Things to do in San Francisco are abundant and amazing. This beautiful, historic city has many hills, views of ocean and bay, incredible architecture, and an incredible food scene. More on San Francisco in Part 1, Part 2, and Part 3!
Haas Lilienthal House and Pacific Heights
The Haas Lilienthal House in Pacific Heights is a beautiful example of Victorian architecture. The house is the only Victorian home tour in San Francisco. The Haas family built the home in the 1880s. Alice Haas, the youngest daughter, married Samuel Lilienthal. Their large family lived in the house from the 1920s to the 1970s. Tours of the house are led by a docent on Wednesdays, Saturdays, and Sundays. Because of restoration work and special events, make sure you call and get confirmation of the tour time you want (415.441.3000).
Sunday tours of the Pacific Heights neighborhood are also available. Again, be sure to call to confirm. There is a very detailed map of the Pacific Heights Walking Tour that you can download and take the tour yourself. There are many interesting stories and different architectural styles in these buildings.
Don’t miss the 1913 Spreckels mansion on Washington Street. The Spreckels family was famous for their sugar, in California and Hawaii. Adolph and Alma Spreckels funded the Palace of the Legion of Honor museum. The home is owned by Danielle Steel. Search for parking on your map app. There are several pay lots in area. https://www.sfheritage.org/haas-lilienthal-house/
Painted Ladies and Haight-Ashbury
You may have seen many photos of the Painted Ladies on one side of Alamo Park. This row of homes on Steiner Street gained fame as the location for Full House. The Victorian homes are situated on a hill with downtown and the Bay visible behind them. To get a good photo, you will want the sun in the west, so go in the afternoon. This is a very popular tourist attraction, so you will see plenty of cars, tour buses, and people. http://www.sanfrancisco.travel/painted-ladies
Haight-Ashbury became famous in the 1960s as the center of flower child culture. Music history was made here by the Grateful Dead, Jefferson Airplane, Janis Joplin, and Carlos Santana. I remember how much we loved the poems in Stanyan Street and Other Sorrows by Rod McKuen. The area today is an interesting mix of Victorian architecture, restaurants, and shops with unique character. http://www.sftourismtips.com/haight-and-ashbury.html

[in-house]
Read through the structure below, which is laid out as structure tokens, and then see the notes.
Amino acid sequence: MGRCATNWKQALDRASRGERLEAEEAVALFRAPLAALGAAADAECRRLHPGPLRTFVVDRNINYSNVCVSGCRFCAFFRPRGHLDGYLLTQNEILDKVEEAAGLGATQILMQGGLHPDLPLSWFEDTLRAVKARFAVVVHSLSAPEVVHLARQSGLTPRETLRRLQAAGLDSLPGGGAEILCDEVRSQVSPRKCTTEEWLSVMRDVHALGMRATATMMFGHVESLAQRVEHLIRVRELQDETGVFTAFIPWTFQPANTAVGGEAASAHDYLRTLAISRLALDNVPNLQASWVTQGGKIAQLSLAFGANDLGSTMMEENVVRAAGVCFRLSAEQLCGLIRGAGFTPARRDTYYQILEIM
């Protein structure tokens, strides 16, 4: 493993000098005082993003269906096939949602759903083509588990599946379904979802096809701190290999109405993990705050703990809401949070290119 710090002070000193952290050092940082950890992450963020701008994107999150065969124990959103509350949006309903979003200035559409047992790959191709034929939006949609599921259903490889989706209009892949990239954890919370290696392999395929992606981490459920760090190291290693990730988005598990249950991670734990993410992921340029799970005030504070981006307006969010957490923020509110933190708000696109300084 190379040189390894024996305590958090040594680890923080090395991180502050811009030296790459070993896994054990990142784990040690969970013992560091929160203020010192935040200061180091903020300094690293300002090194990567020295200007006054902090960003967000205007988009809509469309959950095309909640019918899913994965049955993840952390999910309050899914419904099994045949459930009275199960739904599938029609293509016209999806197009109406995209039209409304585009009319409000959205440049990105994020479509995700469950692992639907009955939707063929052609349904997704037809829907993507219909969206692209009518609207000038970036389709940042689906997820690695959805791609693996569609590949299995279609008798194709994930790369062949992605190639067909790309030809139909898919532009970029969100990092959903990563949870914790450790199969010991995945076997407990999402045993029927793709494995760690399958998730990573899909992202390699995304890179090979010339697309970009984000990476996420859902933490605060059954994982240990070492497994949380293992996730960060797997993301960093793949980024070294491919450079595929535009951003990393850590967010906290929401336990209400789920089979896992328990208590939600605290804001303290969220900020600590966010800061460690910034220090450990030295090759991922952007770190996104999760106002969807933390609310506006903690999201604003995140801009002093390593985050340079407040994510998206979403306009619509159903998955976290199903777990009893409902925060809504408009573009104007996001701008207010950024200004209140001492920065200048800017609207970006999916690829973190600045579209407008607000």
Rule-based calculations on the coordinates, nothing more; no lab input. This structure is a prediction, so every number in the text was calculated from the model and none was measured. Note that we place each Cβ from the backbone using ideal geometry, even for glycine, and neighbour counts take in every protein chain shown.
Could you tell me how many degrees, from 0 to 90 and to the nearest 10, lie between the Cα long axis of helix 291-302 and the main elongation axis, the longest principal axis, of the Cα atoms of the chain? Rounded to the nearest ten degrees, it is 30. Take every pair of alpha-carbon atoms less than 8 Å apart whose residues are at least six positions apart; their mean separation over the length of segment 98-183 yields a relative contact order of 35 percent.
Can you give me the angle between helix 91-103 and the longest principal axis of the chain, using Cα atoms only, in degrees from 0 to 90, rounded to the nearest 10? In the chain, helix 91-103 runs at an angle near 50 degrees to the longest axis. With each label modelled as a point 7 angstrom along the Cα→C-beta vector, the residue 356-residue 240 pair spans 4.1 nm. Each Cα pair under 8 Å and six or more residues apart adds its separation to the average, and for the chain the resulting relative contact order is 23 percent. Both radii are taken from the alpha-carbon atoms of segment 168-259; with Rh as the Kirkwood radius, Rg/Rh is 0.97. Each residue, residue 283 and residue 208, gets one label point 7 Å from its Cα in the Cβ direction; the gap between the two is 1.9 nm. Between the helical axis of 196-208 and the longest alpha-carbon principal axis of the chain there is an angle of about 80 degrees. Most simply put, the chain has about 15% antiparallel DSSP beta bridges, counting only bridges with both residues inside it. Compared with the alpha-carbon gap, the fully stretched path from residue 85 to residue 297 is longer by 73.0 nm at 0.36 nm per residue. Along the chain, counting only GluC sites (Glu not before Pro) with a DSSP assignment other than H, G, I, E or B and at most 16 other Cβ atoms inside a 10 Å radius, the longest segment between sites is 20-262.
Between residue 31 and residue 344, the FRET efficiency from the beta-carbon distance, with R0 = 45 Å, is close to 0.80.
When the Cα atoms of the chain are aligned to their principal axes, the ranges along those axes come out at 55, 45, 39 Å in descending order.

Golden Gate Park
Golden Gate Park was originally an area of over a thousand acres of sand dunes on the western side of San Francisco. New York’s Central Park inspired San Franciscans to begin planning a park in the 1860s and 1870s. Thousands of trees were planted including eucalyptus and Monterey pines. John McLaren was the superintendent of the park from 1887 to 1943 and shaped much of the park.
The park is full of attractions so you will need to plan your visit(s). A Shakespeare Garden, children’s playgrounds, a carousel, Conservatory of Flowers, and Strybing Arboretum are some of the offerings. The California Academy of Sciences, de Young Museum, and Japanese Tea Garden are all near the Music Concourse. Named for M.H. de Young, the de Young Museum has a wide range of fine arts. A free feature of the museum is the 144-foot-tall Hamon Observation Tower where you can get some amazing views of the Golden Gate entrance to the Bay and the city. The de Young is closed on Mondays.
The Academy of Sciences has an aquarium and a planetarium. Admission is almost $35 for adults, so make a plan to spend enough time here. The Music Concourse underground parking is a convenient parking lot for the park. Make sure you get there early in the morning. The lot tends to be completely full by 11 am.
Next time we go, I’d like to eat at Nopalitos and Tosca Café.
Map things to do in San Francisco
Resource links for 7 things to do in San Francisco
- Golden Gate Park
- California Academy of Sciences
- Japanese Tea Garden
- Legacy Bar & Restaurants includes San Francisco’s most legendary restaurants and bars with cultural significance.
- Haight-Ashbury Flower Power walking tour
- Download the Pacific Heights Walking Tour
- The Haight from SF Gate
- Origins of fortune cookie from the Smithsonian
My parents met and married in San Francisco, so I’ve heard stories about the city all my life. My mother’s aunt, Rosa, was an amazing seamstress and she worked first at the Nancy Ann doll company and then the atelier at a Magnin department store. My mother lived with her when she first came to the US. Affiliate links: if you make a purchase using these links, I’ll receive a small compensation towards maintaining this blog, at no extra cost to you.